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Tony Joe White: Smoke from the Chimney

Throughout the course of his seemingly improbable, lengthy career as a recording artist, Tony Joe White refused to be pigeonholed. This aversion to aural predictability made him an increasingly tough sell to record labels as they moved out of the more idealistic days of the late-‘60s and early ‘70s and into a far more commercially-minded era. White established himself as the king of “swamp rock,” a catchall term for rock ‘n’ roll, country and R&B. But if you couldn’t be easily summed up in tight marketing copy, you were effectively cast off into the wilderness to fend for yourself. Which is exactly what White saw fit to do after his time on Monument and Warner Bros.; he bounced around a laundry list of those labels willing to take a chance on his musical idiosyncrasies, until he died in 2018. Released posthumously by Dan Auerbach’s Easy Eye Sound label, Smoke from the Chimney features a collection of previously unheard guitar-and-vocal demos fleshed out by Auerbach’s reliable stable of session players. Given Auerbach’s penchant for retro-stylings, this retrofit album works out fairly well, all parties involved clearly enamored of White’s aesthetic and doing their best to co-opt the swamp rock sound and feel to imbue the record with a sense of authenticity.

The title track is a slow-burning soulful number which, like the bulk of the album, is immensely benefited by the additional instrumentation and thoughtful arrangements. It largely sets the tone for what is to come, the instrumentalists taking a fairly prominent role helping to fully flesh out what would otherwise be little more than demos. Indeed, White’s writing has always been fairly singular, but his voice in later years was but a shadow of what it once was. And here, it’s definitely wanting in the face of the more muscular arrangements, often sounding as though it were literally pasted atop a more organic jam.

“Boot Money” in particular feels like Auerbach took a snippet of one of White’s lyrical ideas and added the requisite swamp rock trappings top make a much more complete idea. This is by no means a knock on Auerbach and his charges, as they’ve clearly done their homework in putting together sympathetic arrangements based on White’s often difficult to pin down musical personae.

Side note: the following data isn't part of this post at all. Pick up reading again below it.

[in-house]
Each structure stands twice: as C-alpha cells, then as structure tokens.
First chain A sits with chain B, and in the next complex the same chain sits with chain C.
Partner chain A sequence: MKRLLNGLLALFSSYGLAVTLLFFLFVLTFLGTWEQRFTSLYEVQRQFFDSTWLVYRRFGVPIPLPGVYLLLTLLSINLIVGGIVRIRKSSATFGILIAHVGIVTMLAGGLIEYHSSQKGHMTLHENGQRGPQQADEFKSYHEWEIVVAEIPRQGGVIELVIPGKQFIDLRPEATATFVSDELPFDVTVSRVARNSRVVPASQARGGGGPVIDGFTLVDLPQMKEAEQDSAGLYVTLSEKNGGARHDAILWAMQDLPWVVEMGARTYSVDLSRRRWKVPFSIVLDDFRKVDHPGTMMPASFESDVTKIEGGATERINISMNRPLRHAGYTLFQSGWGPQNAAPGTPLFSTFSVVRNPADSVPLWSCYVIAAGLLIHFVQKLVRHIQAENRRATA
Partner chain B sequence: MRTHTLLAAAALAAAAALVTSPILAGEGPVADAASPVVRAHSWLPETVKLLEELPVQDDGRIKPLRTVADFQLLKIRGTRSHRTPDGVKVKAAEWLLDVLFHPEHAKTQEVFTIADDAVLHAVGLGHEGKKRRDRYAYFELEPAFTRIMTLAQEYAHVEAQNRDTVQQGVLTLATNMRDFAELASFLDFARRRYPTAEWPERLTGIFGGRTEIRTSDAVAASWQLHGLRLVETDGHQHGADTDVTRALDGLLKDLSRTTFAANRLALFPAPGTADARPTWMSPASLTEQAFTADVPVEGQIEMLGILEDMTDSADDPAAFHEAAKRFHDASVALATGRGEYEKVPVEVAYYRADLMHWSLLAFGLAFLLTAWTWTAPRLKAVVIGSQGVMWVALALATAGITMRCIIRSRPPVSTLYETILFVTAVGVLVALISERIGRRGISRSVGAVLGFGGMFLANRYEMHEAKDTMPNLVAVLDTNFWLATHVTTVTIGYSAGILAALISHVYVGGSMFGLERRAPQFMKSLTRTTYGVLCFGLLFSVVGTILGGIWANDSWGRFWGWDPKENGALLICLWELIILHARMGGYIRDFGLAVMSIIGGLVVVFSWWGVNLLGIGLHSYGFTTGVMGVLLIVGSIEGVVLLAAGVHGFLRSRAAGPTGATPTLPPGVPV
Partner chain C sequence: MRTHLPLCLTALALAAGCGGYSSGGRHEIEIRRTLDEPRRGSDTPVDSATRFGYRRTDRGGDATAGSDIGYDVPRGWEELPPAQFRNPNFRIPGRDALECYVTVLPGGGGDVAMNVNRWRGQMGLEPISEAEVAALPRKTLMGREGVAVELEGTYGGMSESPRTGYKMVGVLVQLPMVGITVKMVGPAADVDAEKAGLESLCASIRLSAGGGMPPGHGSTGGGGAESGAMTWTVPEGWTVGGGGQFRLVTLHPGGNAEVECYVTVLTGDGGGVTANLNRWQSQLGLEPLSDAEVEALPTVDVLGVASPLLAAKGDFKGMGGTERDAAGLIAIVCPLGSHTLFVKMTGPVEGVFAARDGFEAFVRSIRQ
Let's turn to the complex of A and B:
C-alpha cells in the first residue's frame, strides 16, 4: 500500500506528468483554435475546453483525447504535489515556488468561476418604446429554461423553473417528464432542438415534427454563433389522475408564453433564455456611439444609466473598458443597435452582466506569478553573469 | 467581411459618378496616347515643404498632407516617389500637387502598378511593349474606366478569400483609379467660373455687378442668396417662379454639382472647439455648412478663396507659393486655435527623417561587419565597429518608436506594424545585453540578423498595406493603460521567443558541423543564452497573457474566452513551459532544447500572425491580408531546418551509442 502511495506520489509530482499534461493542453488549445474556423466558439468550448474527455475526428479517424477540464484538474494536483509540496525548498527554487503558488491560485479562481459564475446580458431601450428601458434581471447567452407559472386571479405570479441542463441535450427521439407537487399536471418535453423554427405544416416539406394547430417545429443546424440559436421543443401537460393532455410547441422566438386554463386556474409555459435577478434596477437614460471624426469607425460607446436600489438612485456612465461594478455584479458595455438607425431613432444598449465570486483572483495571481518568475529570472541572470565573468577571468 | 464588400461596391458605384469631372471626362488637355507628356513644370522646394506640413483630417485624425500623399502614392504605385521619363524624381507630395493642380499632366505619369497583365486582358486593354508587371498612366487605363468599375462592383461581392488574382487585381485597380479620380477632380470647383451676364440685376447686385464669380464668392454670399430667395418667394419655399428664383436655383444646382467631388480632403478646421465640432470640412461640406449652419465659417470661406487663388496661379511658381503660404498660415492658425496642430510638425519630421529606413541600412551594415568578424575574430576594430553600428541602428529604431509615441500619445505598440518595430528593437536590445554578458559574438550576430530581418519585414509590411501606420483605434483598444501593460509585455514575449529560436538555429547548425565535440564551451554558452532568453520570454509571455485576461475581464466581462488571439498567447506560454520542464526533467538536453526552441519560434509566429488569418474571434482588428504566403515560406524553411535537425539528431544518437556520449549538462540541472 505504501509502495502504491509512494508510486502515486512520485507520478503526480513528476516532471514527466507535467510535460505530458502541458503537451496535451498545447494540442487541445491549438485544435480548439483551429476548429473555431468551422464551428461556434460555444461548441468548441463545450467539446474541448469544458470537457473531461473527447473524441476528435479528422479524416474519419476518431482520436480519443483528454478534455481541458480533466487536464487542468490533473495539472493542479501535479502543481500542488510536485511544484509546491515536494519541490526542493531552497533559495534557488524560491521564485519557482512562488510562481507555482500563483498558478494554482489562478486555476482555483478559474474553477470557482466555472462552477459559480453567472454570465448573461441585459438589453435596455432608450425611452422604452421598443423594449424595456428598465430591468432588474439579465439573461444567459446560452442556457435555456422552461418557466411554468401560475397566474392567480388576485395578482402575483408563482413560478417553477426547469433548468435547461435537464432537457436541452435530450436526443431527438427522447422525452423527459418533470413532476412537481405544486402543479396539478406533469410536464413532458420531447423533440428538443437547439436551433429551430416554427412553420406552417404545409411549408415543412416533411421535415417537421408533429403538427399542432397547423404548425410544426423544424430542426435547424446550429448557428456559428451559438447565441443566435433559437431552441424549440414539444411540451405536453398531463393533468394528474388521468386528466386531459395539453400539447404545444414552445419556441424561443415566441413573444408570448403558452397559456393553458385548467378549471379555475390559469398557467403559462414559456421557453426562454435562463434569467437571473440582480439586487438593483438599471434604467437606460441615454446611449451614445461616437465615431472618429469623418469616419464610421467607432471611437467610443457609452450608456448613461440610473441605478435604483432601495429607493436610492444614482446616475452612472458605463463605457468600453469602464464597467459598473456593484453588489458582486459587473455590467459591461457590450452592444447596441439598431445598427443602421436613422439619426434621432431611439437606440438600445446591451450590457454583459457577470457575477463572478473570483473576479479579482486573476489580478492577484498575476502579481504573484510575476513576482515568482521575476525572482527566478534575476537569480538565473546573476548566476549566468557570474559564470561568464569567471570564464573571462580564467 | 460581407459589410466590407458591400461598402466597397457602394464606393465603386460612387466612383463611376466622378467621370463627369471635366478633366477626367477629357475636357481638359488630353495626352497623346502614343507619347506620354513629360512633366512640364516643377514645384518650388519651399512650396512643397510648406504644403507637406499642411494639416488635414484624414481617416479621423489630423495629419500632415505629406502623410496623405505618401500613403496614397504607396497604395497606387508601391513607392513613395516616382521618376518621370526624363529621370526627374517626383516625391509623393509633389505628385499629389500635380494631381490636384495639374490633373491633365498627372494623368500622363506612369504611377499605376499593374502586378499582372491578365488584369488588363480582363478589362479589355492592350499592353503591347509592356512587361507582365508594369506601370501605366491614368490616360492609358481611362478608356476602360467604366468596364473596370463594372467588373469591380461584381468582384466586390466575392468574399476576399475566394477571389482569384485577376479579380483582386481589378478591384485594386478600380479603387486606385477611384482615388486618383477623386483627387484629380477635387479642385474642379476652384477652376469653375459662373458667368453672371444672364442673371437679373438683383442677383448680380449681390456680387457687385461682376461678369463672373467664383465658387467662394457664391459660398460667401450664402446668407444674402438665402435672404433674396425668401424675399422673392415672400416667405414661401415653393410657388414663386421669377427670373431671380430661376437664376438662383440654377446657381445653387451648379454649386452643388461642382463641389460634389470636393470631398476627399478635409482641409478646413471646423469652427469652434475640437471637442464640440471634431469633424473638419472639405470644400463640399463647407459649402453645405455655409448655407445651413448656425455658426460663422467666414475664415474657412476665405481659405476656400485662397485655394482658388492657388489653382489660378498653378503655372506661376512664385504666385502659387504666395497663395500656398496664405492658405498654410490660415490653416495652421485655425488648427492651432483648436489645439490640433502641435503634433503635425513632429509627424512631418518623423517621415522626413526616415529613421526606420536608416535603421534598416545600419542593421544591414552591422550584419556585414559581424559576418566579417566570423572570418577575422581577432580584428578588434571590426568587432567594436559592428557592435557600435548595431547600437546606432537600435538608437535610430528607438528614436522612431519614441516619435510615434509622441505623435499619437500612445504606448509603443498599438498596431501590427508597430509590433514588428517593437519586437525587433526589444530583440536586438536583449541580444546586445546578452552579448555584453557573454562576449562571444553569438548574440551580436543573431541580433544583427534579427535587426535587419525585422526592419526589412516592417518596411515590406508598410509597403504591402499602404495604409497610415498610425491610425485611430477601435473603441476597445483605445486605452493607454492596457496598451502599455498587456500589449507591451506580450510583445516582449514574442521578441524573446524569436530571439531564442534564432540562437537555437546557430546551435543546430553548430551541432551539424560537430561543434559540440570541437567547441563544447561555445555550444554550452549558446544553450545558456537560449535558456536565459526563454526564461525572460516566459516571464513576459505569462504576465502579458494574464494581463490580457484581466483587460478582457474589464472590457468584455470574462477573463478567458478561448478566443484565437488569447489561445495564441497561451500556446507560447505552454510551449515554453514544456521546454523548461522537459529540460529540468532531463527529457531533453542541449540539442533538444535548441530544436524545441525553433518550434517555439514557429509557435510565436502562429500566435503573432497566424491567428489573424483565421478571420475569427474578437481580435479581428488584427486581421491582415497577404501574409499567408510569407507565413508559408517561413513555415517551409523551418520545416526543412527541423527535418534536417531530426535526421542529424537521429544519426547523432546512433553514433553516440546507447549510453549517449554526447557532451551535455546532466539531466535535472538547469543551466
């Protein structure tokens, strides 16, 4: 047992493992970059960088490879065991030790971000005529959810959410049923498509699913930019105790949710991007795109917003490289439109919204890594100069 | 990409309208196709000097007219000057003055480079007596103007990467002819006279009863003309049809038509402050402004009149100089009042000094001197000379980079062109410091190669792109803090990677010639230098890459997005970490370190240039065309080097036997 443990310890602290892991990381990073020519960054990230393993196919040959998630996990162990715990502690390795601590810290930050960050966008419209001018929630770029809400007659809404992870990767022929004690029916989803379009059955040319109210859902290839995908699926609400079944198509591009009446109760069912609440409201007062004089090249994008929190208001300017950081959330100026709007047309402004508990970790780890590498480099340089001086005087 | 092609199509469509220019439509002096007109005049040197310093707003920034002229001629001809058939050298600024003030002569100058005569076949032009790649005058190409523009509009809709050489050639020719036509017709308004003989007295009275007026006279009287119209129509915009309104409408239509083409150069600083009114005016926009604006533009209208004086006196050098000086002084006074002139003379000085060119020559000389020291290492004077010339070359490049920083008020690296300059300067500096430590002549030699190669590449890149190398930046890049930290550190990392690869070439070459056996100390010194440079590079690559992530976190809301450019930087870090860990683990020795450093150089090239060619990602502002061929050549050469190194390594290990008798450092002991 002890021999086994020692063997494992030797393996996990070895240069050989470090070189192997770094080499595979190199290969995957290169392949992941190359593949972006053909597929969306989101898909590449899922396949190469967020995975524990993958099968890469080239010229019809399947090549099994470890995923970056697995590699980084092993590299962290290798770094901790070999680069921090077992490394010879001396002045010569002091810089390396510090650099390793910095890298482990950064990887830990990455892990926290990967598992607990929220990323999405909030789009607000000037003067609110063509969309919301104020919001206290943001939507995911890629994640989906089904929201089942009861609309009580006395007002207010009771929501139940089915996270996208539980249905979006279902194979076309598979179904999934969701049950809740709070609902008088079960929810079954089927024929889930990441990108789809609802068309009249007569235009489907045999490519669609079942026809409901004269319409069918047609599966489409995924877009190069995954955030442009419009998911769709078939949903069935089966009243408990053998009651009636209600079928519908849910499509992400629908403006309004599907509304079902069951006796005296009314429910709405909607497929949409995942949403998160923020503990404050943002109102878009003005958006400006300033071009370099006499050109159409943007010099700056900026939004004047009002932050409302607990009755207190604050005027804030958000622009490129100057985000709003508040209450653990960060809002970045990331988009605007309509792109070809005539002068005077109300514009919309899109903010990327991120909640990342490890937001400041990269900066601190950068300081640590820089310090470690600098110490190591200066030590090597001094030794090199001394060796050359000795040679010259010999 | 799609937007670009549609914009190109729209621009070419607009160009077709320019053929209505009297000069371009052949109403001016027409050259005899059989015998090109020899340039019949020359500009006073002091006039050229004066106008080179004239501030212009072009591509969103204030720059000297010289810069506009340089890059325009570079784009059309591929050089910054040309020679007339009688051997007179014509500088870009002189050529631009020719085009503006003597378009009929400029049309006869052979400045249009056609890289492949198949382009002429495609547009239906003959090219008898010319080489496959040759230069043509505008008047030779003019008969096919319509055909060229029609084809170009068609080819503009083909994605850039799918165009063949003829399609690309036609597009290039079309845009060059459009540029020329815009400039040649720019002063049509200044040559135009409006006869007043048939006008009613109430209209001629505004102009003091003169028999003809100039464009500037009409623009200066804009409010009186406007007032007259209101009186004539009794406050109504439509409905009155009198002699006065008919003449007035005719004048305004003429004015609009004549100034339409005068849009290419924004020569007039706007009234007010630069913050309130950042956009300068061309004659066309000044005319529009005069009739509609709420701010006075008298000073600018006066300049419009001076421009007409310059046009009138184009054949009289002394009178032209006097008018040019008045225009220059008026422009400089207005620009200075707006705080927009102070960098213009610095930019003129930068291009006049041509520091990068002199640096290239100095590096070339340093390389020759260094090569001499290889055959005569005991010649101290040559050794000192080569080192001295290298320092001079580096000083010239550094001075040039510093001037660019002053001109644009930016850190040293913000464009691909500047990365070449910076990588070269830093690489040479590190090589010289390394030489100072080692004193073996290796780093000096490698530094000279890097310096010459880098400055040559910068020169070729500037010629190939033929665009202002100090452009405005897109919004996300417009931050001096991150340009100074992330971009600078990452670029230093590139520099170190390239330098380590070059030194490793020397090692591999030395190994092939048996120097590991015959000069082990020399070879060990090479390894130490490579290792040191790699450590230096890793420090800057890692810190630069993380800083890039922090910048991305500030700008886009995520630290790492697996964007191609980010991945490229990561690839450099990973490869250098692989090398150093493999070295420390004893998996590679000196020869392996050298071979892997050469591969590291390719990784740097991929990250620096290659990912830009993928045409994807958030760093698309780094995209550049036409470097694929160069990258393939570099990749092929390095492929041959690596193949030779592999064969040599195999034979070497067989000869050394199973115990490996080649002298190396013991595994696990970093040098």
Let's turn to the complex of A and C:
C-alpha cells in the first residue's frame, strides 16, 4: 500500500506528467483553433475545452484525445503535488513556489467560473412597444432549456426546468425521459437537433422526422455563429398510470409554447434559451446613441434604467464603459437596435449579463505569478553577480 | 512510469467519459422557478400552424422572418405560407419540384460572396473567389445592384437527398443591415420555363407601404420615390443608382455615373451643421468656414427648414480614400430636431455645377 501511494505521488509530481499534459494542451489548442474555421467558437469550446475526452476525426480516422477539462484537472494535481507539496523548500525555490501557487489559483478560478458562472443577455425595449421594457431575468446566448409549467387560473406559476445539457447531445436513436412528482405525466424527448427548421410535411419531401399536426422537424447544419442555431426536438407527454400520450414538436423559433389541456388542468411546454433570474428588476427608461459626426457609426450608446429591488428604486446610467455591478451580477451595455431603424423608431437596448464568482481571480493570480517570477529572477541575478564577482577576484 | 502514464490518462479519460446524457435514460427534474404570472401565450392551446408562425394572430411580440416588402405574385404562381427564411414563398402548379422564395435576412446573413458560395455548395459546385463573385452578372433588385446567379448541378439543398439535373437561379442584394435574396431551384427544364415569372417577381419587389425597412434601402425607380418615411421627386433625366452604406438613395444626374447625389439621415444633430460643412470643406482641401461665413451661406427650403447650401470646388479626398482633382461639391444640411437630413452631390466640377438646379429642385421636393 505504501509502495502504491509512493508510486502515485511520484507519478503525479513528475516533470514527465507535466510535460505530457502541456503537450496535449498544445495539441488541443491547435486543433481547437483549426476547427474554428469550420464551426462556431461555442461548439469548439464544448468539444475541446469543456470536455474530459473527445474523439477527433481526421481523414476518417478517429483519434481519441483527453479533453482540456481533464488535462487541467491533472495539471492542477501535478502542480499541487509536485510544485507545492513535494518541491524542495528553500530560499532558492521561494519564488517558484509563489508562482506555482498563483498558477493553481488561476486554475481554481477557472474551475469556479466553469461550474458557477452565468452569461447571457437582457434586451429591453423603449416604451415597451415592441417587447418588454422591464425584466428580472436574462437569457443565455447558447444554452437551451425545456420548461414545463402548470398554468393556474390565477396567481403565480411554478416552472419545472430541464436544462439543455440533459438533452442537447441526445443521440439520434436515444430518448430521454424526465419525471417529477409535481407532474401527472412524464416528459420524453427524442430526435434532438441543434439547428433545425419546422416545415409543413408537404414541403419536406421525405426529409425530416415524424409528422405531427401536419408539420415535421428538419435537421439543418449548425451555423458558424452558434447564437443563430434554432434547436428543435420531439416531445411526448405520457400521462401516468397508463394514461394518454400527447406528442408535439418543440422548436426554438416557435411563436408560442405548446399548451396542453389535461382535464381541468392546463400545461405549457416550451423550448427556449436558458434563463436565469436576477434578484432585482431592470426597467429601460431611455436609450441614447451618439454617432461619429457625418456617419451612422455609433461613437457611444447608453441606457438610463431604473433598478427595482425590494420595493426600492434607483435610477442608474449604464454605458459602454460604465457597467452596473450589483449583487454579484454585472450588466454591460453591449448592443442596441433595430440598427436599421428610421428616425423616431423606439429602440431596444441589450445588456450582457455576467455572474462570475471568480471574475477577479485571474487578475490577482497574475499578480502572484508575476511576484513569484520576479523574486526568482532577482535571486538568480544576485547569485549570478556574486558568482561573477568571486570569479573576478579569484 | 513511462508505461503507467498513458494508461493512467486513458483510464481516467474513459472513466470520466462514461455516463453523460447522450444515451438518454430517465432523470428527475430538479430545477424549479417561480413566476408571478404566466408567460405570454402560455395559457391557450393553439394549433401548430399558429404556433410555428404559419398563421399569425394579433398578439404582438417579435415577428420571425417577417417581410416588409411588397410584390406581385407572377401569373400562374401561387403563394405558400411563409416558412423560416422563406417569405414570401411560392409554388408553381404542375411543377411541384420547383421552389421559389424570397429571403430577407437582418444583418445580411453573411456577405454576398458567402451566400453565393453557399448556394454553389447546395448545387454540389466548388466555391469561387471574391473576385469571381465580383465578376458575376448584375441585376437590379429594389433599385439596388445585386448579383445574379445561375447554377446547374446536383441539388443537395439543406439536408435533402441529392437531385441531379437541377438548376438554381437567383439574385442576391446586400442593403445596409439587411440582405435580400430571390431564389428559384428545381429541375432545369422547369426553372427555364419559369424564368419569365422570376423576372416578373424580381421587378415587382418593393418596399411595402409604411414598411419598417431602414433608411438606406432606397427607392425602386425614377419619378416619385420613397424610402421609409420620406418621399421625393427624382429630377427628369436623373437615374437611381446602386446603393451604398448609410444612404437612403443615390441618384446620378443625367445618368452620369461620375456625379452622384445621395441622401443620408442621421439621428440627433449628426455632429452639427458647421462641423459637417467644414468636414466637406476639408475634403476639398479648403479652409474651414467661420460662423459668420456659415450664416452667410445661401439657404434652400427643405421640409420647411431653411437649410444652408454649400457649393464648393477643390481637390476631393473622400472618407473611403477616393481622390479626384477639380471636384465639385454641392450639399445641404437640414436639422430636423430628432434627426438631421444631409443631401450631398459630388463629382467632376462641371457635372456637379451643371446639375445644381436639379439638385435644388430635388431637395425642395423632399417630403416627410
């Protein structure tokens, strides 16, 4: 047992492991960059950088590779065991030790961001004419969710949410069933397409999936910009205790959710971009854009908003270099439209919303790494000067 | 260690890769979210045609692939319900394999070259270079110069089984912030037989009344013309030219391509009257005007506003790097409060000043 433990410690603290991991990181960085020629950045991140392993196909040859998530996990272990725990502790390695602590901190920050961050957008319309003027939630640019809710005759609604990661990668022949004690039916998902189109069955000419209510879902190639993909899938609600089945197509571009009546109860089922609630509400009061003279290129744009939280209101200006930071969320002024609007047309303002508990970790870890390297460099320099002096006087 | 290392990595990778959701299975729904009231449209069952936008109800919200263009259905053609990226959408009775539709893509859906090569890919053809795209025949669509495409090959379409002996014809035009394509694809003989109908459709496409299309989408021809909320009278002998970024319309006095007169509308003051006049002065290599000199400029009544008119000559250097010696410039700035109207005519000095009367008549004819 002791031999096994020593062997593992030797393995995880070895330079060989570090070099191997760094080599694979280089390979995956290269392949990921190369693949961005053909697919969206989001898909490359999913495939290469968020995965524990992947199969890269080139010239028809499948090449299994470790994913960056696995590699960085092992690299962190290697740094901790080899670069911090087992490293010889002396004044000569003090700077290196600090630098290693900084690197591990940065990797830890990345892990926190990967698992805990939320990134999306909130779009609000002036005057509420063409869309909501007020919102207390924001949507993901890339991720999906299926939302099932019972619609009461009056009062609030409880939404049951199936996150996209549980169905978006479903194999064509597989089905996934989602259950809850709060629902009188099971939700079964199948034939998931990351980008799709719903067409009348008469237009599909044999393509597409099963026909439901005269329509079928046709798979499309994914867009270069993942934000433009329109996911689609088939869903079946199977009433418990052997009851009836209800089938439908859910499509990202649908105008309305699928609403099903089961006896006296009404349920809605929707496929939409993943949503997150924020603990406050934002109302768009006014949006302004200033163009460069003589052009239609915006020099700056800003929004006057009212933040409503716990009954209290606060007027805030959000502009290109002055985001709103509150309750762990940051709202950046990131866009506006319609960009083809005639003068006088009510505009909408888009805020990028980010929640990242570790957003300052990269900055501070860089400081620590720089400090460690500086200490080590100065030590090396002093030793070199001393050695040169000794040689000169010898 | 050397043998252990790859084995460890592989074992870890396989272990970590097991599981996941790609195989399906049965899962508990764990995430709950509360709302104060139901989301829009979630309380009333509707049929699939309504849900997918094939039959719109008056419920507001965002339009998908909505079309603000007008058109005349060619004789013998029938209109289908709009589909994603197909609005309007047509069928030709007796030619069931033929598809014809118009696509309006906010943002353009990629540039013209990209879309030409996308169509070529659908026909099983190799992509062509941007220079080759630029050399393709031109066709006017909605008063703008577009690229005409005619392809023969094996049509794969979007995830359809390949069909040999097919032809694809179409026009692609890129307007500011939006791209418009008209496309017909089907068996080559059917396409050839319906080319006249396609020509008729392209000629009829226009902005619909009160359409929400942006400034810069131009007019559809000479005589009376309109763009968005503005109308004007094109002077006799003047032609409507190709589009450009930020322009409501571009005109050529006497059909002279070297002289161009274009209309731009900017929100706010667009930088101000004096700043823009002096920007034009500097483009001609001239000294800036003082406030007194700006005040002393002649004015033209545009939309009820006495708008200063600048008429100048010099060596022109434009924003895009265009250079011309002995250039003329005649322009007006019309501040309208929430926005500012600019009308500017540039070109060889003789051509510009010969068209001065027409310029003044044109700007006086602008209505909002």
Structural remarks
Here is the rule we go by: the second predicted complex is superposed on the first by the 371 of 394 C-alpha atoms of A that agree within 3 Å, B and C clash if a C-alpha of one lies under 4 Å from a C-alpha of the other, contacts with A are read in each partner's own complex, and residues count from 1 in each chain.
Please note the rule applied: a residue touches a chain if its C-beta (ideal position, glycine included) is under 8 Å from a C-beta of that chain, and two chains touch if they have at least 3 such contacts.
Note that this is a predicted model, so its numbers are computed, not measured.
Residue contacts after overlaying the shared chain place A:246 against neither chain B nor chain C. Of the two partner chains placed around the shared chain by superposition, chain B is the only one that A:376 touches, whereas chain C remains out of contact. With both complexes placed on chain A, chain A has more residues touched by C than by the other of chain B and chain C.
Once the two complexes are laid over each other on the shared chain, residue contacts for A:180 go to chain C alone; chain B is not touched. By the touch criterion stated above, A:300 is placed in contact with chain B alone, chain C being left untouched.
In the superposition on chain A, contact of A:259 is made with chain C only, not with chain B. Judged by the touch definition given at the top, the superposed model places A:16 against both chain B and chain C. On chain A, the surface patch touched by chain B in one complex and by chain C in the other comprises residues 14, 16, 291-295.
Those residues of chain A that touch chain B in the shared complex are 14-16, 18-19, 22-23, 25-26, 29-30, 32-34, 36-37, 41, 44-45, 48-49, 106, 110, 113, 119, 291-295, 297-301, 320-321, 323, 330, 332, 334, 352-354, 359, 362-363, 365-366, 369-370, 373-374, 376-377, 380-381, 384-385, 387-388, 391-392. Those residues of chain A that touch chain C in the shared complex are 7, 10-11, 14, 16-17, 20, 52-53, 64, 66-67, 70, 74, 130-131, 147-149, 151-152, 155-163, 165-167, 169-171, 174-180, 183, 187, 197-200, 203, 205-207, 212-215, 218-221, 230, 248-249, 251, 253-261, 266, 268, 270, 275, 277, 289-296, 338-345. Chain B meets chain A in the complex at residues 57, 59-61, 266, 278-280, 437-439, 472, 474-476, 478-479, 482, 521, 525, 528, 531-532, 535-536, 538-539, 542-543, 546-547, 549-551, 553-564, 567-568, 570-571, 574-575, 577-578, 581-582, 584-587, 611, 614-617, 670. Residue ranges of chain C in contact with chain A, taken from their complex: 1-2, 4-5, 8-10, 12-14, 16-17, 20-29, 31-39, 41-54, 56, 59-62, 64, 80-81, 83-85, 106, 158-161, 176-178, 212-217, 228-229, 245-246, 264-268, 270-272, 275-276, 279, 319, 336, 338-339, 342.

Meanwhile, “Del Rio, You’re Making Me Cry” rides along on a nice Latin-country groove that features some truly fine playing. Unfortunately, White’s voice throughout, and especially here, sounds like the tape has been slowed, lending the performance a woozy effect. But thankfully the musicians brought in to finish what White started are more than sympathetic enough players to be able to read between the lines of the demos and breathe life into otherwise fairly listless performances.

The acoustic Delta blues intro to “Scary Stories” is one of the few tracks to truly benefit from White’s diminished vocal capacity, his hollow tonality making the lyrics and delivery all the more unsettling. Like the bulk of the album, it’s immensely aided by the more than competent playing, particularly as the band embarks on a slow build into full-blown electric blues territory. In lesser hands, the bulk of Smoke from the Chimney would feel like a sad attempt to cash in on a legacy of a legendary musician. Instead, there’s enough meat added to the bones of what White left behind to make it a compelling listen.

Summary
This retrofit album works out fairly well, all parties involved clearly enamored of White’s aesthetic and doing their best to co-opt the swamp rock sound and feel to imbue the record with a sense of authenticity.
68 %
More smoke than fire

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